Home Articles Director of Products, Dr David J Maguire updates about various activities of...

Director of Products, Dr David J Maguire updates about various activities of ESRI

 Dr David J Maguire, Director of Products, Solutions and International
Dr David J Maguire
Director of products, ESRI

  • What has been the response to the Linux range of GIS Software released by ESRI?

    Over the past few years, there has been a small and steady stream of requests for ESRI software on Linux. Most users are interested in Linux as a server platform operating system, but there has been a smaller number of requests from users of desktop PCs and handheld devices. User requests such as these guide ESRI’s software platform strategy which is based on a number of tenets: Windows is the dominant desktop OS; Windows, UNIX and Linux are all important and viable server OSs; there are many choices of OS for small devices; and web services based on XML/SOAP will provide the foundation to resolve many interoperability problems. Today ESRI is shipping several products that run on the Linux OS: ArcIMS (Internet GIS) and ArcSDE (database application server) run on servers; and MapObjects Java Standard Edition runs on the desktop PCs and Macs). To date we have focused our energy on Red Hat Linux.

  • Just a month or so before 9/11 ESRI had released a book, “Disaster Response: GIS for Public Safety”. A year later would you like to have an updated title with disaster management?

    No one could have foreseen the terrible events of September 11 in the USA, and many people throughout the world have been profoundly affected by it. ESRI Press is currently working on two projects related to GIS and Public Safety (https://gis.esri.com/esripress/display/index.cfm). First, there will be a second edition of the existing book Disaster Response: GIS for Public Safety. Secondly, a new book will be published in the next few weeks entitled Confronting Catastrophe. Both are part of ESRI Press’ case studies series and feature several detailed real world public safety examples including some related to 9/11.

  • What has been the regionwise response to ESRI virtual campus?

    The ESRI Virtual Campus (https://campus.esri.com) is ESRI’s on-line distance learning and training resource. Courses combine hands-on experience, interactivity, and instructional support to create a new style of learning environment. Today, the Virtual Campus features more than 50 courses (over 1000 hours) and has attracted almost 150,000 students from 180 countries. The regional breakdown is currently heavily skewed to North America (70%) with significant use also in Europe (12%) and Asia (10%), and lesser use in South America (3%), Australia (3%) and Africa (2%). This reflects a combination of the distribution of population, the adoption of GIS, the availability of robust Internet connections, and the target marketing to date.

  • Could you update us on G.net program?

    G.net is the name ESRI gives to the technology infrastructure can be used to build distributed GIS implementations, such as NSDI and GSDI. It is the technology that ESRI used to build the Geography Network (www.geographynetwork.com) and which has been incorporated into a number of user systems. The G.Net architecture comprises several key elements: users interested in publishing and finding/using data and processing resources; catalogs that describe and reference geographic data; and a portal that provides access to sites, as well as a central repository of information about the system. ESRI provides several client access technologies including ArcGIS (ArcReader, ArcView, ArcEditor and ArcInfo), MapObjects for Java, ArcPad and browser-based ArcIMS clients. With ArcGIS users can create and update metadata on local machines or publish it for access over the web using the ArcIMS Metadata Catalog. GIS data and processing web services can be created using ArcGIS and ArcIMS Internet GIS software. For more information see https://www.esri.com/news/arcnews/spring02articles/whatisgnet.html .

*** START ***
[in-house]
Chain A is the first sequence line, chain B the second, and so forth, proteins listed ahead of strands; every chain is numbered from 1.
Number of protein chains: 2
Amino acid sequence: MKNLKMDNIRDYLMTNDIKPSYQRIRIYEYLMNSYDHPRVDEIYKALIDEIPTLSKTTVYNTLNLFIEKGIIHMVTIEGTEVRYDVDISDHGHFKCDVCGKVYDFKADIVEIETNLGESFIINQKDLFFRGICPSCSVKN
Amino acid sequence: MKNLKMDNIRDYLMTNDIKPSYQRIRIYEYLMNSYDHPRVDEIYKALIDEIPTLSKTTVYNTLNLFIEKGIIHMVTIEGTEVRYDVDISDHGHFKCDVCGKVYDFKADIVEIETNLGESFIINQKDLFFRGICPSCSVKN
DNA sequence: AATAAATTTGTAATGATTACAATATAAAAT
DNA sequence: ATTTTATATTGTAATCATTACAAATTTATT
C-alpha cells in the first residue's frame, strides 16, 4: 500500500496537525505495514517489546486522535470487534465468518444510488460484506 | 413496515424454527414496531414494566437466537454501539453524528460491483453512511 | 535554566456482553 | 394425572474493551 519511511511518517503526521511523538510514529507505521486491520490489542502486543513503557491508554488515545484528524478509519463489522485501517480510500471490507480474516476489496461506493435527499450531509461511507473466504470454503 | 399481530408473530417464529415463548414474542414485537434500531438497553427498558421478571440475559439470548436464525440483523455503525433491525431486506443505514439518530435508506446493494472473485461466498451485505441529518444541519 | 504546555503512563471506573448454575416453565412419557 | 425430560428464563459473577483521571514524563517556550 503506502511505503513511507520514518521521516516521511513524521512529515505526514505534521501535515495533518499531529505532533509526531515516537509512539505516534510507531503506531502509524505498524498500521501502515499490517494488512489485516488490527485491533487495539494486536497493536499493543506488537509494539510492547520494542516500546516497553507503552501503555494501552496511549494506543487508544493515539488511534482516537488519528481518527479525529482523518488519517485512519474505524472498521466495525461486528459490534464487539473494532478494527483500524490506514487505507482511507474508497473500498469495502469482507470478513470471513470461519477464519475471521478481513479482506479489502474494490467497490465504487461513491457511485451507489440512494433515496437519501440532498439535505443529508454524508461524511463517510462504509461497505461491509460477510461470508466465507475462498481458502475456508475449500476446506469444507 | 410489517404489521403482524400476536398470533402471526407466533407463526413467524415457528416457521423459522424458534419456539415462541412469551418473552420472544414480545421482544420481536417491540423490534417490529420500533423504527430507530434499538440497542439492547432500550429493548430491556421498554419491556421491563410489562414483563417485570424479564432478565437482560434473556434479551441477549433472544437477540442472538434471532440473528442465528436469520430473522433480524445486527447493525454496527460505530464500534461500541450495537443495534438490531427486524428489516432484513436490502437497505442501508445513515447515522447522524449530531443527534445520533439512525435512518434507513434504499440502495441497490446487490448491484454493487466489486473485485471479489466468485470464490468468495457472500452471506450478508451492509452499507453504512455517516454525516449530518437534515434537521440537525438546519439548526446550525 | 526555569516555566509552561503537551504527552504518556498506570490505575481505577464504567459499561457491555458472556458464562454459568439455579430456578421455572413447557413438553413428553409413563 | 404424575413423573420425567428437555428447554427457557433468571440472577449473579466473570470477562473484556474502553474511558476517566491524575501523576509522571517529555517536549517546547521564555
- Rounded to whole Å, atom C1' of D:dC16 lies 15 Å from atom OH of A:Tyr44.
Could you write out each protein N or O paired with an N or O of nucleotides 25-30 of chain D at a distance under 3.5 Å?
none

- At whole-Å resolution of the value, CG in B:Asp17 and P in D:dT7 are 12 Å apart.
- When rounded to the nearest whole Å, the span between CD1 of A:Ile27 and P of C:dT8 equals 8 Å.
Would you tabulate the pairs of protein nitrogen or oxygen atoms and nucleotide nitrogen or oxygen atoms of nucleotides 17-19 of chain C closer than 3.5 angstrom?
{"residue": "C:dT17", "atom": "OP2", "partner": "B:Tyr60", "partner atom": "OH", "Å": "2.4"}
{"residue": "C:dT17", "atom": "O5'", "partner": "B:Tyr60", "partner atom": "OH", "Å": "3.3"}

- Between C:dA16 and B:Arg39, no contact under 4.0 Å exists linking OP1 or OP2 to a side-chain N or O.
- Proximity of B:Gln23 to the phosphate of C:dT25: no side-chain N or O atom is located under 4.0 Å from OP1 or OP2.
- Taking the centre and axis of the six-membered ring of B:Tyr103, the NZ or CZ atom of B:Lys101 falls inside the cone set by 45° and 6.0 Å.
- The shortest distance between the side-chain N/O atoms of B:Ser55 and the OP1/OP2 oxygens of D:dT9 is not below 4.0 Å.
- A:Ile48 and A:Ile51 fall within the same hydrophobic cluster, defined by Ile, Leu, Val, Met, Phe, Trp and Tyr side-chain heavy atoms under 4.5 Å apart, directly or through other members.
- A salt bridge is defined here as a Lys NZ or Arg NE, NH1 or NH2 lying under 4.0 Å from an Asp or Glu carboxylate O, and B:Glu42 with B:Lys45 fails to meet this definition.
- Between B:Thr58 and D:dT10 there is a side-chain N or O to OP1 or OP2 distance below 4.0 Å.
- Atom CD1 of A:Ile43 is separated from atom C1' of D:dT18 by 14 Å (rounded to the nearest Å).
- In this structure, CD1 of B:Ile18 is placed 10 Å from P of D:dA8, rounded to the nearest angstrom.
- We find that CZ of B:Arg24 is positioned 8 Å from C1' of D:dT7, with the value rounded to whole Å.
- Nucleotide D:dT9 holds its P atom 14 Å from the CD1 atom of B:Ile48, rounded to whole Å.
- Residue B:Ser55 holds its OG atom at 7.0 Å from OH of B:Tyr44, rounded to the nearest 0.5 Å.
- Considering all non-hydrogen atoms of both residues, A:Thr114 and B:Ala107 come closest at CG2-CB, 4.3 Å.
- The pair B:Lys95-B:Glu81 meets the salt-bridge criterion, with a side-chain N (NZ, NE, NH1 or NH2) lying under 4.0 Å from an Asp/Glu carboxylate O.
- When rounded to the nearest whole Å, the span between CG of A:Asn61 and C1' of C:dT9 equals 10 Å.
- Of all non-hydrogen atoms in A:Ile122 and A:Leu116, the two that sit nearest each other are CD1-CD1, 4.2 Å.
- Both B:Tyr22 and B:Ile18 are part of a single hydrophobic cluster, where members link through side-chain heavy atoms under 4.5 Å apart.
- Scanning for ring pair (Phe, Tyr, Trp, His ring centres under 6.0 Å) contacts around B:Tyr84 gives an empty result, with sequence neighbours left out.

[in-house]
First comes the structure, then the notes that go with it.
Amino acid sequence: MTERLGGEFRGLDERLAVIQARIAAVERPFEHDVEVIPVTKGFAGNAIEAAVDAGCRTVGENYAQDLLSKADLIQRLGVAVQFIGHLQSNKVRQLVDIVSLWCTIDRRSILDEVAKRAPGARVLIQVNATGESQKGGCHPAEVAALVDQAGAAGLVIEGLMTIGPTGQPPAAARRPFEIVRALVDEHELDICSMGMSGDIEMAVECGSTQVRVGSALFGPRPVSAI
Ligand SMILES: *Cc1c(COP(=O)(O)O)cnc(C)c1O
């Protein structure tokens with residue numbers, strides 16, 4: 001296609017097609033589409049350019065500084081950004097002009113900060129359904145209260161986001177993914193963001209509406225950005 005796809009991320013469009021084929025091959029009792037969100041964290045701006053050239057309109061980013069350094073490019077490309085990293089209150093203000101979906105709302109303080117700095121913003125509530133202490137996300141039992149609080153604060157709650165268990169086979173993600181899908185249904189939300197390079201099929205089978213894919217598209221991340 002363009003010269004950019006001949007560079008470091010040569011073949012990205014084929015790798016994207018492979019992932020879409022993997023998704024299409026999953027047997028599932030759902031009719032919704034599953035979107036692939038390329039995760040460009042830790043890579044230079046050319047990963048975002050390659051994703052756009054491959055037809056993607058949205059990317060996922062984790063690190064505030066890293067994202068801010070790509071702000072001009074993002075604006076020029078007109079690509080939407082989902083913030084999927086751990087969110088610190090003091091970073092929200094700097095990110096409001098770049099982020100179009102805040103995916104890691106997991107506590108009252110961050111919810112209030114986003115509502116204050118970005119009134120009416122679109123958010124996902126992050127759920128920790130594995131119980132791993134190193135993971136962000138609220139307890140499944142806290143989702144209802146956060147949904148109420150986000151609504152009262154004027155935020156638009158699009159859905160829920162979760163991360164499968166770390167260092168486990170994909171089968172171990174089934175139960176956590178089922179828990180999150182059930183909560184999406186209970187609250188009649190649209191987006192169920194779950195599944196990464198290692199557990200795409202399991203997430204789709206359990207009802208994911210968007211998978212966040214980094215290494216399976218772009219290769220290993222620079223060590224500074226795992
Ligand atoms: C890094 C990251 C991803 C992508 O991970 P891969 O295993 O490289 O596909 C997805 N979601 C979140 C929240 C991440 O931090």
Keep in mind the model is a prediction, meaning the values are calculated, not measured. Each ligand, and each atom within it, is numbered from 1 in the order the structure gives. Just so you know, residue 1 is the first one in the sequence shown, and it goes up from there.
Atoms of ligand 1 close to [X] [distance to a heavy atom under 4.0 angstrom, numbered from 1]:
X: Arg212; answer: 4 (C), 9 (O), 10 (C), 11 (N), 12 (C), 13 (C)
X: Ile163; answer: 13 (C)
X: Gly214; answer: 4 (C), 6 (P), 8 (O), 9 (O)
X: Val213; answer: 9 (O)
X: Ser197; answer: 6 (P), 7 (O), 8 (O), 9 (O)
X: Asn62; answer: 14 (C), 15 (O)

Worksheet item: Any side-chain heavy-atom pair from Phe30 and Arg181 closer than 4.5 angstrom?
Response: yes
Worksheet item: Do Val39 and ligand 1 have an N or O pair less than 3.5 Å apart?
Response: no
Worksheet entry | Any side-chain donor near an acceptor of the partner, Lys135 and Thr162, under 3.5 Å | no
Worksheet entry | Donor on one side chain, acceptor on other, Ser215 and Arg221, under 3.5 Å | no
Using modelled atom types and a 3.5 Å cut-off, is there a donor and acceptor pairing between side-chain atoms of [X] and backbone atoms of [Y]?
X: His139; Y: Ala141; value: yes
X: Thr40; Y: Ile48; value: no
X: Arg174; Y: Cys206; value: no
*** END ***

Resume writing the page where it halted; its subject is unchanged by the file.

• Would you tell us about ESRI’s relationship with Bentley?

    On April 26, 2002, ESRI and Bentley signed a letter outlining a strategic initiative to improve interoperability between AEC (architecture, engineering and construction) and GIS data. This will focus on two areas: server-server, and client access. Server-server will involve linkage of commercially available ESRI and Bentley servers. ESRI and Bentley will collaborate to build interface technology that makes it easier to move data between the two companies’ server technologies. In terms of client access, ESRI and Bentley desktop products will be enhanced to directly work with CAD and GIS formats.

  • How do you feel that when industry is passing through a econo-mic recession and ESRI has achieved its highest ever growth?

    It is true that due to the support from our users ESRI has been fortunate to be able to buck the industry trend and grow consistently and profitably for the past several years. The current phase of multiple years of +20% growth can be attributed in no small part to the release and maturity of the ArcGIS product family. Since the first release in 1999 ArcGIS has grown into a scalable family of products extending from the desktop, to the server and out onto the web. The developer tools have been well received by our users community of over 1 million and our network of over 1500 partners. The soon to be available ArcGIS 8.3 release will be a compelling platform for existing ArcInfo, ArcView, ArcSDE, ArcIMS, ArcPad users, as well as new GIS users.